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New Advice on Tail-Biting and Its Prevention in Pigs for Europe

23 May 2014

EU - New information on the issue of tail-biting in pigs, its prevention and tail docking has been published by the European Food Safety Authority (EFSA).

Tail docking is a procedure carried out to reduce the risk of tail biting, one of the major issues in modern pig breeding.

This behaviour can have several causes, explains EFSA, including a lack of materials that pigs need to satisfy a range of behavioural needs, for example straw, hay, silage, compost and peat.

Addressing tail biting will help to reduce the need for tail docking.

EFSA’s experts have identified the relationship between:

  • Risk factors, such as the inadequacy or absence of functional manipulable material or poor health.
  • Welfare consequences, such as inability to explore, forage or nest; competition for manipulable material; and injuries or pain due to tail-biting.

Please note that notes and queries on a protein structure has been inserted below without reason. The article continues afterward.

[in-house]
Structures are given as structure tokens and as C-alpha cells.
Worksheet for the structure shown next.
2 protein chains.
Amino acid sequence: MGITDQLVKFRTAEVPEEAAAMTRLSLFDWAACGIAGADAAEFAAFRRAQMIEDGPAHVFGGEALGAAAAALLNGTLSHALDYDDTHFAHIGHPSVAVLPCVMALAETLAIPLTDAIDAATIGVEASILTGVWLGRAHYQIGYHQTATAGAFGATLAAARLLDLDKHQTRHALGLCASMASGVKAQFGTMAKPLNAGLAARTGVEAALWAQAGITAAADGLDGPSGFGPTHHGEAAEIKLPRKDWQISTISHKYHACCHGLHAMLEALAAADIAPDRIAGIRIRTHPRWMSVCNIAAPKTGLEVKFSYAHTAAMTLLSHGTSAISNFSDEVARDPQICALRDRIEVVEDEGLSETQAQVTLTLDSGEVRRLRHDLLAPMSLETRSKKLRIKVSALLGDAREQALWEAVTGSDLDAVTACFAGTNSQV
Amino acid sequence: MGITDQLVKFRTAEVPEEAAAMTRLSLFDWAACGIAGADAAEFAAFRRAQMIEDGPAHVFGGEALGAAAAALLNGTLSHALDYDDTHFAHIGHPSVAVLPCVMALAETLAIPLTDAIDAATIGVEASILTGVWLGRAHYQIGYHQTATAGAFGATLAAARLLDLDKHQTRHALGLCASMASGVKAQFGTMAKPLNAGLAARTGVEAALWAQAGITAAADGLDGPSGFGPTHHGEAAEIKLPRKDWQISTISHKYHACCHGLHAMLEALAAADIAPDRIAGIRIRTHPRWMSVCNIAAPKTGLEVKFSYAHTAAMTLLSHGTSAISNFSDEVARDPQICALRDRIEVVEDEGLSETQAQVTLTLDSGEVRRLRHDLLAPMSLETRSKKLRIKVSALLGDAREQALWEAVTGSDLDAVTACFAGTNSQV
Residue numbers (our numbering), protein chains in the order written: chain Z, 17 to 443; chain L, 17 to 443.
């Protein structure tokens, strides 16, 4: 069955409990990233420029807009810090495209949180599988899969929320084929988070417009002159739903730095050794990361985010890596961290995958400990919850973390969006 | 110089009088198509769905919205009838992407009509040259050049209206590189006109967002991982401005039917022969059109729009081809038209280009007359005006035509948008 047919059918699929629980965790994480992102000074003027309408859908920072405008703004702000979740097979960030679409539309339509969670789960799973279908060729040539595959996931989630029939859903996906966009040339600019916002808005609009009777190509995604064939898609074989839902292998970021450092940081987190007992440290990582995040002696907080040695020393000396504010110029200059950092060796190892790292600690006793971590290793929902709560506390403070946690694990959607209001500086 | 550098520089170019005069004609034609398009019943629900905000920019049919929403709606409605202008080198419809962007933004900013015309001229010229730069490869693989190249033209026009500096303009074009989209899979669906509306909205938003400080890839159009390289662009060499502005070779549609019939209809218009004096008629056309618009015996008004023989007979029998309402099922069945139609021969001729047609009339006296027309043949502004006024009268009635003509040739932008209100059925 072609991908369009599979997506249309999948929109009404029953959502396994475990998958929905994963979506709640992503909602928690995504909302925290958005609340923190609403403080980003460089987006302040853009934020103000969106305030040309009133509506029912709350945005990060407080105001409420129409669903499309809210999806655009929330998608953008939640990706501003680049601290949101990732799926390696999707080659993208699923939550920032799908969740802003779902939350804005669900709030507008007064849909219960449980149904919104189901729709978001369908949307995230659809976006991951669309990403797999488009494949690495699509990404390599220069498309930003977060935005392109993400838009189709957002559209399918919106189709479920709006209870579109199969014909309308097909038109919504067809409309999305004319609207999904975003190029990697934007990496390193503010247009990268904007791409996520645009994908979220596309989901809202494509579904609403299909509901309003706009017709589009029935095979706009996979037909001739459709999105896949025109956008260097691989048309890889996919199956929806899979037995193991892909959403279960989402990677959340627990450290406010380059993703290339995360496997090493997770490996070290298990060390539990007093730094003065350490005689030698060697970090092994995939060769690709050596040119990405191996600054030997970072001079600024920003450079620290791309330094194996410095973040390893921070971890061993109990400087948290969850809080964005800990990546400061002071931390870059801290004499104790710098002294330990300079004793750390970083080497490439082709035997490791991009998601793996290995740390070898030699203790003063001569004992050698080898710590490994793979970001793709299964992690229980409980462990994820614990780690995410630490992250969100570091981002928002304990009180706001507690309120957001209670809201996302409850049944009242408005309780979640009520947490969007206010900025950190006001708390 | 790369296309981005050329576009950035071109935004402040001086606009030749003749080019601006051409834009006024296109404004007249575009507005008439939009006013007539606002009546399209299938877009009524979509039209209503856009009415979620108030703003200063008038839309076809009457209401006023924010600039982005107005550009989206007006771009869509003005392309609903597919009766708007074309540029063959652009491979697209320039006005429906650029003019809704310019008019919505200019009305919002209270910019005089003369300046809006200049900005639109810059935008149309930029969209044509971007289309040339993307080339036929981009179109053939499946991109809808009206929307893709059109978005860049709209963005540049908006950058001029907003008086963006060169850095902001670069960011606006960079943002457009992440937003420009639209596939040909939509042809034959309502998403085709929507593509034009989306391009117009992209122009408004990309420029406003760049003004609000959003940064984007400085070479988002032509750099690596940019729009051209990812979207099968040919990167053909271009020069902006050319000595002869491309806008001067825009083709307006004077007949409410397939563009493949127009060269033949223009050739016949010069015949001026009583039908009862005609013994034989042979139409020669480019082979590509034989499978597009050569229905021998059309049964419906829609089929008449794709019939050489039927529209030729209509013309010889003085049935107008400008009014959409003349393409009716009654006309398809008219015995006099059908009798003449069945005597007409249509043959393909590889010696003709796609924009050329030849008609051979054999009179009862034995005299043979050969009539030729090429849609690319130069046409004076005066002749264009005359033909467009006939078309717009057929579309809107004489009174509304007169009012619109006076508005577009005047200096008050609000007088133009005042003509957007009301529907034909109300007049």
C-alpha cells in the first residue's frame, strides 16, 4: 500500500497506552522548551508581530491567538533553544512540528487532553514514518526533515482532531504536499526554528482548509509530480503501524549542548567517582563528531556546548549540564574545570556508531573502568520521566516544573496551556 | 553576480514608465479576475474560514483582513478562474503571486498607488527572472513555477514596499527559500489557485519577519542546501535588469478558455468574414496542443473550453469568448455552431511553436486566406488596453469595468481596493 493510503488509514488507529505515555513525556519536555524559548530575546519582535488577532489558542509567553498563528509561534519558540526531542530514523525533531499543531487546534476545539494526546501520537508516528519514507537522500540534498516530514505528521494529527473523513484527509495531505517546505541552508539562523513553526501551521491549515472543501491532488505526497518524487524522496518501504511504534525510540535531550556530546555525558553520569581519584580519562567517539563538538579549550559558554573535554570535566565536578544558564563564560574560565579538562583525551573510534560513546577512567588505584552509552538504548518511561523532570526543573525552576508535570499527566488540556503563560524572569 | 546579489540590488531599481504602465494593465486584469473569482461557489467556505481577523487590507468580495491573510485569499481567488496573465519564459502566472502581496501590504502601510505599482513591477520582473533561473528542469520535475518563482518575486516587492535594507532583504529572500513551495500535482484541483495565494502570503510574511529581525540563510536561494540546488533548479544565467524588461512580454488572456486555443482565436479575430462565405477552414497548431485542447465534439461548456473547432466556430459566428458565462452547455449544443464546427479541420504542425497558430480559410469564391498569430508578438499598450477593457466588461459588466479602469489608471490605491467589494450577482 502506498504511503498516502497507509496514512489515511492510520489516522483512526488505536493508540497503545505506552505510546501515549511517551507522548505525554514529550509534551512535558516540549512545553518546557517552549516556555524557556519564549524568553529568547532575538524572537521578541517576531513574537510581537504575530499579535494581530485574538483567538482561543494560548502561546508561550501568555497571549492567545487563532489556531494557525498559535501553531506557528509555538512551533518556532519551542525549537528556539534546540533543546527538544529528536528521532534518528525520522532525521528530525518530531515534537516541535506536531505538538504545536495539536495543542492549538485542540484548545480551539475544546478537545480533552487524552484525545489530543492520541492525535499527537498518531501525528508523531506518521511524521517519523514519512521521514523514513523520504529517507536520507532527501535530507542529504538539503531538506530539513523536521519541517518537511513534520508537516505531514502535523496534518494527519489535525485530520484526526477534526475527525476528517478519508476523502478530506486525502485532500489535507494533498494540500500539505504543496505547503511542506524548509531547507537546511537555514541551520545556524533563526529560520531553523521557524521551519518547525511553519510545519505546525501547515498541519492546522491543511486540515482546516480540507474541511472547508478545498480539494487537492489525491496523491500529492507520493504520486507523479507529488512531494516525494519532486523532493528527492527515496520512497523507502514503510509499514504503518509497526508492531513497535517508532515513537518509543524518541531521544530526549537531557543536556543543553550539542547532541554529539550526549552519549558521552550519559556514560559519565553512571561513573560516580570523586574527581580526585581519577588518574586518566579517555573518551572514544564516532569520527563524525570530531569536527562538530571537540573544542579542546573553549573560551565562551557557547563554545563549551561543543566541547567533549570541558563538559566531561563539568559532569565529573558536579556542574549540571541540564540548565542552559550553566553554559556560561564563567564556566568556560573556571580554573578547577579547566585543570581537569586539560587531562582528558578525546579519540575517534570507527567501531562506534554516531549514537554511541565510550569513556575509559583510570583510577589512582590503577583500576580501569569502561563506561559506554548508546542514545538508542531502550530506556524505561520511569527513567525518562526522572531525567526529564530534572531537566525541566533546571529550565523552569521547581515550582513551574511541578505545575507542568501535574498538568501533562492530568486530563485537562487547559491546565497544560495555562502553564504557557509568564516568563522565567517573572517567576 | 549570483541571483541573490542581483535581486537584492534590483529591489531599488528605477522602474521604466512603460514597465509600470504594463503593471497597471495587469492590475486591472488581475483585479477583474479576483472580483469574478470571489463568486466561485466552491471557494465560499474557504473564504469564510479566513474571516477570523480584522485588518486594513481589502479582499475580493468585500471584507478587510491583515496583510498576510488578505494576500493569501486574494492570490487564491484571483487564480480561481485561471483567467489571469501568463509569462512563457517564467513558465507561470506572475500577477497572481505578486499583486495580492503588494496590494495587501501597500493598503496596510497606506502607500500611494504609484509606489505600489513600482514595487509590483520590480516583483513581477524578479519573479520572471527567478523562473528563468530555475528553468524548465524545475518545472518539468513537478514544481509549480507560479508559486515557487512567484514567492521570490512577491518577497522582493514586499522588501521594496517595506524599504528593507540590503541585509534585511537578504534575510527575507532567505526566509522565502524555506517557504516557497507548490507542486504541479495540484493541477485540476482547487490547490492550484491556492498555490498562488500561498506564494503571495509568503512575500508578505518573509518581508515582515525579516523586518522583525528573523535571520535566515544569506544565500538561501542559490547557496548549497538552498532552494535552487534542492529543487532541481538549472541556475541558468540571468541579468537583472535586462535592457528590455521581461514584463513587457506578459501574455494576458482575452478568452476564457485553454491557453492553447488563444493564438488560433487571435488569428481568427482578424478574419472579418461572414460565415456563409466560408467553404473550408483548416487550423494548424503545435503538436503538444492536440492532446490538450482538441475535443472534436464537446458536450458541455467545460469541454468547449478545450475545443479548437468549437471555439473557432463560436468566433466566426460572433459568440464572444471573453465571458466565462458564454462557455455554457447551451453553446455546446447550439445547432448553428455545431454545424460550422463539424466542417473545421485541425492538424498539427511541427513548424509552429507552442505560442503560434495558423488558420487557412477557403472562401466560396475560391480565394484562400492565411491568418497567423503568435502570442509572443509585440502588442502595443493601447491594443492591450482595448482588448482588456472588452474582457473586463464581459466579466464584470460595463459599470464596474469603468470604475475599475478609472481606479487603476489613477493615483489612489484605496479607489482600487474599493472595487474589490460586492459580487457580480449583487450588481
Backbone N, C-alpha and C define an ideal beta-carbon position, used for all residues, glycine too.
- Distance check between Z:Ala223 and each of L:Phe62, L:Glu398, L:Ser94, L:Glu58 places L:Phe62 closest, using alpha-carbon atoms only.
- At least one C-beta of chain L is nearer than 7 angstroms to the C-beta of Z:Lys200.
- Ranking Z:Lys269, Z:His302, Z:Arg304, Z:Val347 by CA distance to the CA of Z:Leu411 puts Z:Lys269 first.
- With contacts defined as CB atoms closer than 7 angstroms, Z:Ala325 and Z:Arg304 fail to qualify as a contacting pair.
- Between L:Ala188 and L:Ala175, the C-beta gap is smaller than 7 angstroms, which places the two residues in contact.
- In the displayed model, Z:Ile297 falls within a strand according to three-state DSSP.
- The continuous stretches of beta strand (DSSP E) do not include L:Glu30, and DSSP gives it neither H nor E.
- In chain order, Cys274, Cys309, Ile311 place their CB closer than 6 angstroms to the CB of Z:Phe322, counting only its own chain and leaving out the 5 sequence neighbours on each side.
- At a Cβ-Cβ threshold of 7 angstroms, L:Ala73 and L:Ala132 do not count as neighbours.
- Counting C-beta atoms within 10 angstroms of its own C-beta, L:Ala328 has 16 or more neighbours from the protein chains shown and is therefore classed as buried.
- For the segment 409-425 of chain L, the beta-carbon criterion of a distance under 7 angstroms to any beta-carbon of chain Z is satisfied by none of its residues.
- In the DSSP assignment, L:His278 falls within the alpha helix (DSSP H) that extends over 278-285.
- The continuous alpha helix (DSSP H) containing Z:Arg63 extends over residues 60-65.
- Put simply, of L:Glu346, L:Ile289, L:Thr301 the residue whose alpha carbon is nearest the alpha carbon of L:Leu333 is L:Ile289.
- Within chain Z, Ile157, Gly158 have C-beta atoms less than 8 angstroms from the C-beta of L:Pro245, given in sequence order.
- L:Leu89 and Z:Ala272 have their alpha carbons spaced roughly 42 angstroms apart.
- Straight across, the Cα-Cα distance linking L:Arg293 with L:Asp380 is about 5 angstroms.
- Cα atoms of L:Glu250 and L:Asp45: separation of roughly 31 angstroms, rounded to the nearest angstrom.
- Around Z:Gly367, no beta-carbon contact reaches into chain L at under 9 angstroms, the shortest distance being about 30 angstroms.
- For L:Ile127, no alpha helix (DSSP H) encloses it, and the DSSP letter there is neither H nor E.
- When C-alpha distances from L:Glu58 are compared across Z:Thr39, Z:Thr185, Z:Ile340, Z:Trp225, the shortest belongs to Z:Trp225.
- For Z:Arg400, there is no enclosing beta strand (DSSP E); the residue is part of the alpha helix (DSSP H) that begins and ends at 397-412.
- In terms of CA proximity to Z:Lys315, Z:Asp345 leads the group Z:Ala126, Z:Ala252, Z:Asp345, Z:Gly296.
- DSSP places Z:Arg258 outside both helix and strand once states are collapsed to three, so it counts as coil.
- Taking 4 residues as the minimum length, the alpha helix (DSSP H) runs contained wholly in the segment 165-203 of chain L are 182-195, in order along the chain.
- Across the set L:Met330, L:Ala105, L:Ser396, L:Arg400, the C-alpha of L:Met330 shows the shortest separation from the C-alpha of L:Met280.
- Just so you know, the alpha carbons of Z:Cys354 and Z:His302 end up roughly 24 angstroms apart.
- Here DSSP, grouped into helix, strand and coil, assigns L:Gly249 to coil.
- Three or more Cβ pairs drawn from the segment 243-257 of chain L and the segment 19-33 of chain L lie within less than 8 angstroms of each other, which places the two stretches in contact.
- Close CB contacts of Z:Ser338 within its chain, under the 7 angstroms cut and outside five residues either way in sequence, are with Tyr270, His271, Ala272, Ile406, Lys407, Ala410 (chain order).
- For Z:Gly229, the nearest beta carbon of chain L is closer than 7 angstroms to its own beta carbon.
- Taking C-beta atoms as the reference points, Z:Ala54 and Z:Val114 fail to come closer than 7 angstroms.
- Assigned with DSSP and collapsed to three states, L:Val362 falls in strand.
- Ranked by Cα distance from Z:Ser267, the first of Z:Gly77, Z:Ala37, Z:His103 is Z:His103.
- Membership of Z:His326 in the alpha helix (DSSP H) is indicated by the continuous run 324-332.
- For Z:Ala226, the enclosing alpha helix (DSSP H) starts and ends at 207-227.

• Animal and non-animal based indicators, such as tail, ear or flank biting; increase of skin lesions or manipulation of pen-mates and pen furniture.

To perform the assessment, EFSA experts made a statistical analysis using information from available databases. As the data available were not specifically designed to evaluate risk factors for tail-biting, they also propose a model for data collection across the EU. This model will provide access to better information on the risk factors for tail-biting and ultimately improve risk assessment.

This opinion will contribute to the efforts of the European Commission to implement minimum standards for the protection of pigs.

Further Reading

You can find out more about the EFSA report by clicking here.


ThePigSite News Desk

Top image via Shutterstock

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